They do work very well alongside other ingredients such as Ashwagandha to really reduce the bodies adverse response to stress.
Spinach Is A Powerful Antioxidant
Spinach has a very high ranking reading on the ORAC scale ( the measure of antioxidant capability). it has a chart reading of 1260 which compares very well to other known superfoods.
It is very high in a group of antioxidants known as epoxyxanthophylls. these have been studied and have even demonstrated benefits in the warding off of certain cancers, in particular ones effecting the prostate.
They do not have a great bioavailability in humans however, so its a good idea to consume it regularly.
Spinach And Chorolphyll
For those who remember the biology lessons at school, you will recall the word Chorolphyll – it is what gives leaves and plants their vibrant green colour, and is key to converting sunshine into energy within the plant.
It is highly rich in minerals, vitamins and antioxidants in its own right, and its used in our body to help make new red blood cells, and purifying toxic substances that can build in the blood.
There is a whole list of health properties attributed to Chorolphyll, these include:
- Treating Arthritis
- Reducing Stress
- Improving Digestion
- Boosting Immunity
- Speeding Healing
- Boosting Testosterone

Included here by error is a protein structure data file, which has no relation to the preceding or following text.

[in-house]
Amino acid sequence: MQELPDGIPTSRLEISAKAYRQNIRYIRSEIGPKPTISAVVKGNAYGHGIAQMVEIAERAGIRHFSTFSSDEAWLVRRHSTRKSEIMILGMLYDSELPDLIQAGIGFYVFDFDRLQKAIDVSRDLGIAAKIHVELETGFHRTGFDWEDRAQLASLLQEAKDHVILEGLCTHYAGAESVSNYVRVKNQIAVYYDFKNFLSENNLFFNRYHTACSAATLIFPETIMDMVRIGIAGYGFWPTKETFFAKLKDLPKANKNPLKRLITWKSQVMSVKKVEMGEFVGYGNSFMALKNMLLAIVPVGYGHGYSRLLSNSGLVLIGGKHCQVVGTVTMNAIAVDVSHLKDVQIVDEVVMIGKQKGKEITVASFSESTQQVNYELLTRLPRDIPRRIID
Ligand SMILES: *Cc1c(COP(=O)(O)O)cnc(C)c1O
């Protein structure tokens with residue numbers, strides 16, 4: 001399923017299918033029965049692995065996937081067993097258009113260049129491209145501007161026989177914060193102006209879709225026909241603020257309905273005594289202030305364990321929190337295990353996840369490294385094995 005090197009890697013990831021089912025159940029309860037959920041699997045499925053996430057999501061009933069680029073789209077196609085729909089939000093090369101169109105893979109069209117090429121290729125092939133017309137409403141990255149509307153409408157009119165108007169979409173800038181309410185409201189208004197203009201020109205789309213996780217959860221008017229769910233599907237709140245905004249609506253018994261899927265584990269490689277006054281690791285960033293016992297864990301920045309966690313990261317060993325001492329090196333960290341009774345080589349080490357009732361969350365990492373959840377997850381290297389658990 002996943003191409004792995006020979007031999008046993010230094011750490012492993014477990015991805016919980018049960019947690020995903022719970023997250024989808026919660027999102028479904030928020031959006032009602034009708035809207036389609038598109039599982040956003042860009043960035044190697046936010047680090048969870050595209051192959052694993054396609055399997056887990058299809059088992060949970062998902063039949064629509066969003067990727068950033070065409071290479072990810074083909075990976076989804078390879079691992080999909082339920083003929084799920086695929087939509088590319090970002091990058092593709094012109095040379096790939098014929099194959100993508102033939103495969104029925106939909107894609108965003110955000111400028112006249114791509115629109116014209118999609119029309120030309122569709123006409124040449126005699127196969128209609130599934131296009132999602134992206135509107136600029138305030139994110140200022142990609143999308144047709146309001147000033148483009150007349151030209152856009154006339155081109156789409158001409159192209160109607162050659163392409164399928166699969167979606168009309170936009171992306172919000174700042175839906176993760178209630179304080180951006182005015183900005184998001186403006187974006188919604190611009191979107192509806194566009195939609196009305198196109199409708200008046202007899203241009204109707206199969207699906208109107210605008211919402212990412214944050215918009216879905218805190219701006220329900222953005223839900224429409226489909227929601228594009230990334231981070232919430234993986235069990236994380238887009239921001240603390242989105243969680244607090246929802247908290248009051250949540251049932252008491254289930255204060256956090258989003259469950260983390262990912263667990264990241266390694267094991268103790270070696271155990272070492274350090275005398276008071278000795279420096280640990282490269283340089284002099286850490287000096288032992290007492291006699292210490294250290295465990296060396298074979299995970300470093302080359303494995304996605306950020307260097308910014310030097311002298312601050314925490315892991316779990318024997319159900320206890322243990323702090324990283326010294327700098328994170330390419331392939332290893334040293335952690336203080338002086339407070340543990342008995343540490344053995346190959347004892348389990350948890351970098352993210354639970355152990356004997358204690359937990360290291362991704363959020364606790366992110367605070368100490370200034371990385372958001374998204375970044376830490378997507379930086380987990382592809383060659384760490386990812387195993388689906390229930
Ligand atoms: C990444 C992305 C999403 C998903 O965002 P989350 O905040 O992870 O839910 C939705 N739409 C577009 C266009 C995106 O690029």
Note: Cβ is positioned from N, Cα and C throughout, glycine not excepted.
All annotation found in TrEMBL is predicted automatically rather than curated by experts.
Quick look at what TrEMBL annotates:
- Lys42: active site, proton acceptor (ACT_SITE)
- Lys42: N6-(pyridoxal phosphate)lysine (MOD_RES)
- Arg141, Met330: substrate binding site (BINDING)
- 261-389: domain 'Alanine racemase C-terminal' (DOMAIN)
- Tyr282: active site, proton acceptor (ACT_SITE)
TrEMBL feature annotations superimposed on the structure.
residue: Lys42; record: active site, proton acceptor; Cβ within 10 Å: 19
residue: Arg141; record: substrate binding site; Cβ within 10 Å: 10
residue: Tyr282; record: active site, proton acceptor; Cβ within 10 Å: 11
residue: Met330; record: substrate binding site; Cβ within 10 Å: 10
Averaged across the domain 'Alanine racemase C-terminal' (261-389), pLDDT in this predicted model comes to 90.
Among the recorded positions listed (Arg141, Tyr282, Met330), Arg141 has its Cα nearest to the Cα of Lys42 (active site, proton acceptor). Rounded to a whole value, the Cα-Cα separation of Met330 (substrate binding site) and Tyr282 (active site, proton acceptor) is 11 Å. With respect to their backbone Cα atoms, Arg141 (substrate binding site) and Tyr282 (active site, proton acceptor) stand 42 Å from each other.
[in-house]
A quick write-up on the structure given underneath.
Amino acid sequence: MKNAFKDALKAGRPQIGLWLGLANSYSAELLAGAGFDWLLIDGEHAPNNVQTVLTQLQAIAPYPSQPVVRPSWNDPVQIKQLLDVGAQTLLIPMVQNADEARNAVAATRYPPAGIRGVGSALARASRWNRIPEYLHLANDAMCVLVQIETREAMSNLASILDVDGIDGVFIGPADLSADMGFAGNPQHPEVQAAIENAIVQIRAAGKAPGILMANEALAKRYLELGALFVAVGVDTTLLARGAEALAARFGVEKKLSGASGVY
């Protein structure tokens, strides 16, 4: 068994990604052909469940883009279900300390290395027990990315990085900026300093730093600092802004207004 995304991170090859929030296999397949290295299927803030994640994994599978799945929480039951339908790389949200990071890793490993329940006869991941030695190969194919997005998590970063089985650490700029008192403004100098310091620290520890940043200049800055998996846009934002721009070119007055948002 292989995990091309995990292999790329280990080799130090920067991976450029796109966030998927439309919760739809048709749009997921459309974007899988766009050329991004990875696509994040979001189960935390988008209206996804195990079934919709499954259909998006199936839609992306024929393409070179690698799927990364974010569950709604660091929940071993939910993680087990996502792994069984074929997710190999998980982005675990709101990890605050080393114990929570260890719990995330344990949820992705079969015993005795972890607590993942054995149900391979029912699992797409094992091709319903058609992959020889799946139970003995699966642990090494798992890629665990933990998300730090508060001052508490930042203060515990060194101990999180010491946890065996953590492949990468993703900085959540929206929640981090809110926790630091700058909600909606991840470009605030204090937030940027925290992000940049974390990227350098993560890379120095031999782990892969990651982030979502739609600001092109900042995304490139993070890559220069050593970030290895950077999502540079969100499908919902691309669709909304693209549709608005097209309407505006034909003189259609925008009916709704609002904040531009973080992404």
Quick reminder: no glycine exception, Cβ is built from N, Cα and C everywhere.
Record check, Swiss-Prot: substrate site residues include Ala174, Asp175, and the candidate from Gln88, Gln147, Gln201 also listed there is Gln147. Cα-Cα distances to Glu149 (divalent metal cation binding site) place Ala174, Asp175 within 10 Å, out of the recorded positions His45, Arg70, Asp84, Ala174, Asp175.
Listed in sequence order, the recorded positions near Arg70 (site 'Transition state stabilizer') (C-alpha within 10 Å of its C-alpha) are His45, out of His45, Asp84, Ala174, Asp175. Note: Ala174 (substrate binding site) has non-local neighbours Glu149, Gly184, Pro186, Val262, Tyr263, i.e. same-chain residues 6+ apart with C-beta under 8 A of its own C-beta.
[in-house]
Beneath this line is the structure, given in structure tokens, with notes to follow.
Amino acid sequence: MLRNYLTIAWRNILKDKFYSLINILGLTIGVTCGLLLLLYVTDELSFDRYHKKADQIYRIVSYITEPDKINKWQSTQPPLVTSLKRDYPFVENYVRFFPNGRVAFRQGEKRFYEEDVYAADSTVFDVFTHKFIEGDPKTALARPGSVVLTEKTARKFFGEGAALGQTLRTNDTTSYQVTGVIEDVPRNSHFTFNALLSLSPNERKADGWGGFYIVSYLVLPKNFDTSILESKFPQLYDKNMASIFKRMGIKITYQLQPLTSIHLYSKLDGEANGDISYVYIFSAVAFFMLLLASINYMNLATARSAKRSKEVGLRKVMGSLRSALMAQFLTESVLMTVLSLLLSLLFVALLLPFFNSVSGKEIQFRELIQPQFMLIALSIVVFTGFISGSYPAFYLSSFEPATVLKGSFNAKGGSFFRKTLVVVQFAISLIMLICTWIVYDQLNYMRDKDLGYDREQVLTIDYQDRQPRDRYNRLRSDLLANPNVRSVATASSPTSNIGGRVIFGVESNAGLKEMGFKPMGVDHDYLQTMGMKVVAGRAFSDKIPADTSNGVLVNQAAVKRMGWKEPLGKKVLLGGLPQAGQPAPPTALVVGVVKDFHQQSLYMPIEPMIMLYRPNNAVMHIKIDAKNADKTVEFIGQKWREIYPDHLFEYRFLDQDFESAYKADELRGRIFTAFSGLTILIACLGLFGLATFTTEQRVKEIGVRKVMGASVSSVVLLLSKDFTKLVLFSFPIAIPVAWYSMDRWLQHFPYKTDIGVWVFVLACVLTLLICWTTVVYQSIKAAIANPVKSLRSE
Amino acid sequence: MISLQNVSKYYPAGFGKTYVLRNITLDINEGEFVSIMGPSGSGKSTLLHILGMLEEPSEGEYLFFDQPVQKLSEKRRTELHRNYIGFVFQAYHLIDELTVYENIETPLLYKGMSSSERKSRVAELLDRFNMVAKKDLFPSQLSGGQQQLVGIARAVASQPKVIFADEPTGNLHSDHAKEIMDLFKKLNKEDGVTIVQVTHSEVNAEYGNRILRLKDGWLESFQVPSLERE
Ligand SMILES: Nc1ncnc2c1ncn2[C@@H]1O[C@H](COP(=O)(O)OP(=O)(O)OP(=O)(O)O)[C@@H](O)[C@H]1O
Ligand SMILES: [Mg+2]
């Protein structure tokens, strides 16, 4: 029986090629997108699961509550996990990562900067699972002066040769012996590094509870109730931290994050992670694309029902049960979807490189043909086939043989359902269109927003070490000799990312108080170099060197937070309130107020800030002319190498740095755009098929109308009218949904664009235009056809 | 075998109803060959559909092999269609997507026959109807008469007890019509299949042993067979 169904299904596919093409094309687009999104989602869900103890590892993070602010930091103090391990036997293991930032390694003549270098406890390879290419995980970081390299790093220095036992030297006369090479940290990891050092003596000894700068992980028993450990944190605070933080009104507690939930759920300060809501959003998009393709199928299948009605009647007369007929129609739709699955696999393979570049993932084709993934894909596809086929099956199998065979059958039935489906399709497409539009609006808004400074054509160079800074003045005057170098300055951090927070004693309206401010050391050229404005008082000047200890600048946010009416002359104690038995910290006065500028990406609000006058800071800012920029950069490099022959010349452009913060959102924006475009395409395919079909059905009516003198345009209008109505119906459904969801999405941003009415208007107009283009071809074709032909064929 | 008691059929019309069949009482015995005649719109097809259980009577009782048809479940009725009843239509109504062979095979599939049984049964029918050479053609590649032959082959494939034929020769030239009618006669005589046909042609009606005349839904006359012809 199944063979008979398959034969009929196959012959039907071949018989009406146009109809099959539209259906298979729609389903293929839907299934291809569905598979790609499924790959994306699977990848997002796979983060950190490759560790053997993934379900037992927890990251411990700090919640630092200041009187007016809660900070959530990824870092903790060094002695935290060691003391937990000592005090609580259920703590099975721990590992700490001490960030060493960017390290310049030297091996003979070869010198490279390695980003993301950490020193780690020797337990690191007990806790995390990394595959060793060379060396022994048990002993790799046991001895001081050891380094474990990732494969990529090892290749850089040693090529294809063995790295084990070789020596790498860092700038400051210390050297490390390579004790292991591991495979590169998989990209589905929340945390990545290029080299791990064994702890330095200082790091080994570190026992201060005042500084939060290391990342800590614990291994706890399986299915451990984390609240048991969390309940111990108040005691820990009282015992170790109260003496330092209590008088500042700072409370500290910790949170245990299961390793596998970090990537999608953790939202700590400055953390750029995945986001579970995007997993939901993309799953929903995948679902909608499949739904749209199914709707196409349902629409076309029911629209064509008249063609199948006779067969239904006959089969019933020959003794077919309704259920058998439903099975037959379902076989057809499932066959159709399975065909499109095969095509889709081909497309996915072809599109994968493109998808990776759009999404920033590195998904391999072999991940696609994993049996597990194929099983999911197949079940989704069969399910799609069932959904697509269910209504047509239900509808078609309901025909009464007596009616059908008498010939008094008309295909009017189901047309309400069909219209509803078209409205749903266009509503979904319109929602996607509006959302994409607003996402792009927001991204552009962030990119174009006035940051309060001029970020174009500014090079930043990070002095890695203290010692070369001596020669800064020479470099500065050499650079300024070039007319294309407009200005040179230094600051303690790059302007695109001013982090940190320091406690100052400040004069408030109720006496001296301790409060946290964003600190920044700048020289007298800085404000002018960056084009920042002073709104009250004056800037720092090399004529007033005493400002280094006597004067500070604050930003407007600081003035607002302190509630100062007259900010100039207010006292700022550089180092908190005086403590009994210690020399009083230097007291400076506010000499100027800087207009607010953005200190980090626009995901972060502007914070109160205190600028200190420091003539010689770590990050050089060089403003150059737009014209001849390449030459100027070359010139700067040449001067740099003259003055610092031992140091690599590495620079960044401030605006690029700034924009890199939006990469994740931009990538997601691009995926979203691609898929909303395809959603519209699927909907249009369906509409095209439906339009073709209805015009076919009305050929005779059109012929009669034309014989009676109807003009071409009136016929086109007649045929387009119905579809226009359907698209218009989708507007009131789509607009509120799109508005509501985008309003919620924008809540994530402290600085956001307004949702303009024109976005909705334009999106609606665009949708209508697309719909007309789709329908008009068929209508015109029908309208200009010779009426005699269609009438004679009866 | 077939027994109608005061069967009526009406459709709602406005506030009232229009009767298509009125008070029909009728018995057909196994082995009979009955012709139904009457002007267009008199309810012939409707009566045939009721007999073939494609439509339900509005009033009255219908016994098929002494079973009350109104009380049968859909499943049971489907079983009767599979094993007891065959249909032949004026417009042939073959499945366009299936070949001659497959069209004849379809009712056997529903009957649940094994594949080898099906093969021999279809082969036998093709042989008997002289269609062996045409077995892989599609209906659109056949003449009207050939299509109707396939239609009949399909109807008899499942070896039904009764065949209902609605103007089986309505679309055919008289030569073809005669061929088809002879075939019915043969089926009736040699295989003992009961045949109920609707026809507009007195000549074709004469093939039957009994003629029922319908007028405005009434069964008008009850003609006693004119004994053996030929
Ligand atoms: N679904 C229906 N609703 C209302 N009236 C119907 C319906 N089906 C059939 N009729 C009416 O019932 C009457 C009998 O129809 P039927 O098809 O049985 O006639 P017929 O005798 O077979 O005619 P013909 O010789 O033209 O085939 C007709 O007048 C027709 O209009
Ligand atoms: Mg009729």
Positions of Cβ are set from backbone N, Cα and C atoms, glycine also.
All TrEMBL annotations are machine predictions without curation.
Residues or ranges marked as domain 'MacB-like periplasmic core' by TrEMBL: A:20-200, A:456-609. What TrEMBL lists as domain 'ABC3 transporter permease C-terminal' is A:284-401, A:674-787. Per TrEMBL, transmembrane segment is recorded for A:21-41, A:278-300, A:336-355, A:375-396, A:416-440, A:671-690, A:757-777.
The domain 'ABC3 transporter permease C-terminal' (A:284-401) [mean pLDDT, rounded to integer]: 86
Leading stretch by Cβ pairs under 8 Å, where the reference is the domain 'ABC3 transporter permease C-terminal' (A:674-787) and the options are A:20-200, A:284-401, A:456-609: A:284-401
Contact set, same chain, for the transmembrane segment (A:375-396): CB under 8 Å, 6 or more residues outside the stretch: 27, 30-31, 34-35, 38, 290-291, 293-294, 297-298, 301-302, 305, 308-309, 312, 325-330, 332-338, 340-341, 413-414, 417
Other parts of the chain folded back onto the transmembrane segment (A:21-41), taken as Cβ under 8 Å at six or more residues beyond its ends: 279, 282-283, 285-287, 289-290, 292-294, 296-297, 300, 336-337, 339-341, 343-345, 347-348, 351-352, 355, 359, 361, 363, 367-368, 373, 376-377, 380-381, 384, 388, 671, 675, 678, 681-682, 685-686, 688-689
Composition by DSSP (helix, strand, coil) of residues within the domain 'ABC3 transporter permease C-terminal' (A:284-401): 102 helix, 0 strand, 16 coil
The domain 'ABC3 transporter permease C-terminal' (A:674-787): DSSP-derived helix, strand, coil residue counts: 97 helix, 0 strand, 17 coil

- Treating Sinusitis
- Improving Sleep Quality.
Spinach And Estrogen
There is an enzyme in the body called beta-glucuronidase, it works to break up estrogen that is bound and being passed out of the body when you urinate.
This is actually a bad thing when it comes to testosterone production as leaving too much estrogen in the body will directly reduce the amount of testosterone in the blood.
Spinach actually helps reduce this problem by lowering the amount of beta-glucuronidase in the body, lowering the amount of Estrogen being recirculated back into the body.
Now its not good either to reduce the levels of beta-glucuronidase too much as it does also have positive effects on the digestive processes and your overall gut health.
But when the levels are too high it can mean that the body reabsorbs too much estrogen so “keeping a healthy balance is key and spinach seems to help deliver that healthy balance efficiently.”
I am yet to see any top quality t-boosters use spinach extract in their formulas, but I am sure that it will happen sometime soon.
Until then, try and incorporate it into your diet a few times a week – even daily… it blends well in smoothies, is great in salads and tasty when steamed or cooked with a little bit of garlic, in butter, or preferably olive oil or coconut oil.
ABOUT THE AUTHOR –
I am 60 years old, I currently live in London. I have one married daughter aged 35
I have always had a passion for fitness, In my younger days I was a keen swimmer and competed at county level both at home and abroad. I am also a keen squash and tennis player and have always been a keen gym goer.
I have a CPD accreditation in Sports Nutrition and am a published author with my articles featuring in some popular publications.
Over the past 13 years I have studied the effects of testosterone both in the younger man and as we get older, the effects of low or reduced testosterone and how increasing its production can really improve your health.
On a personal level, a number of years ago, I was diagnosed with Low-T myself, and my own in-depth research has helped me to redress my own health concerns.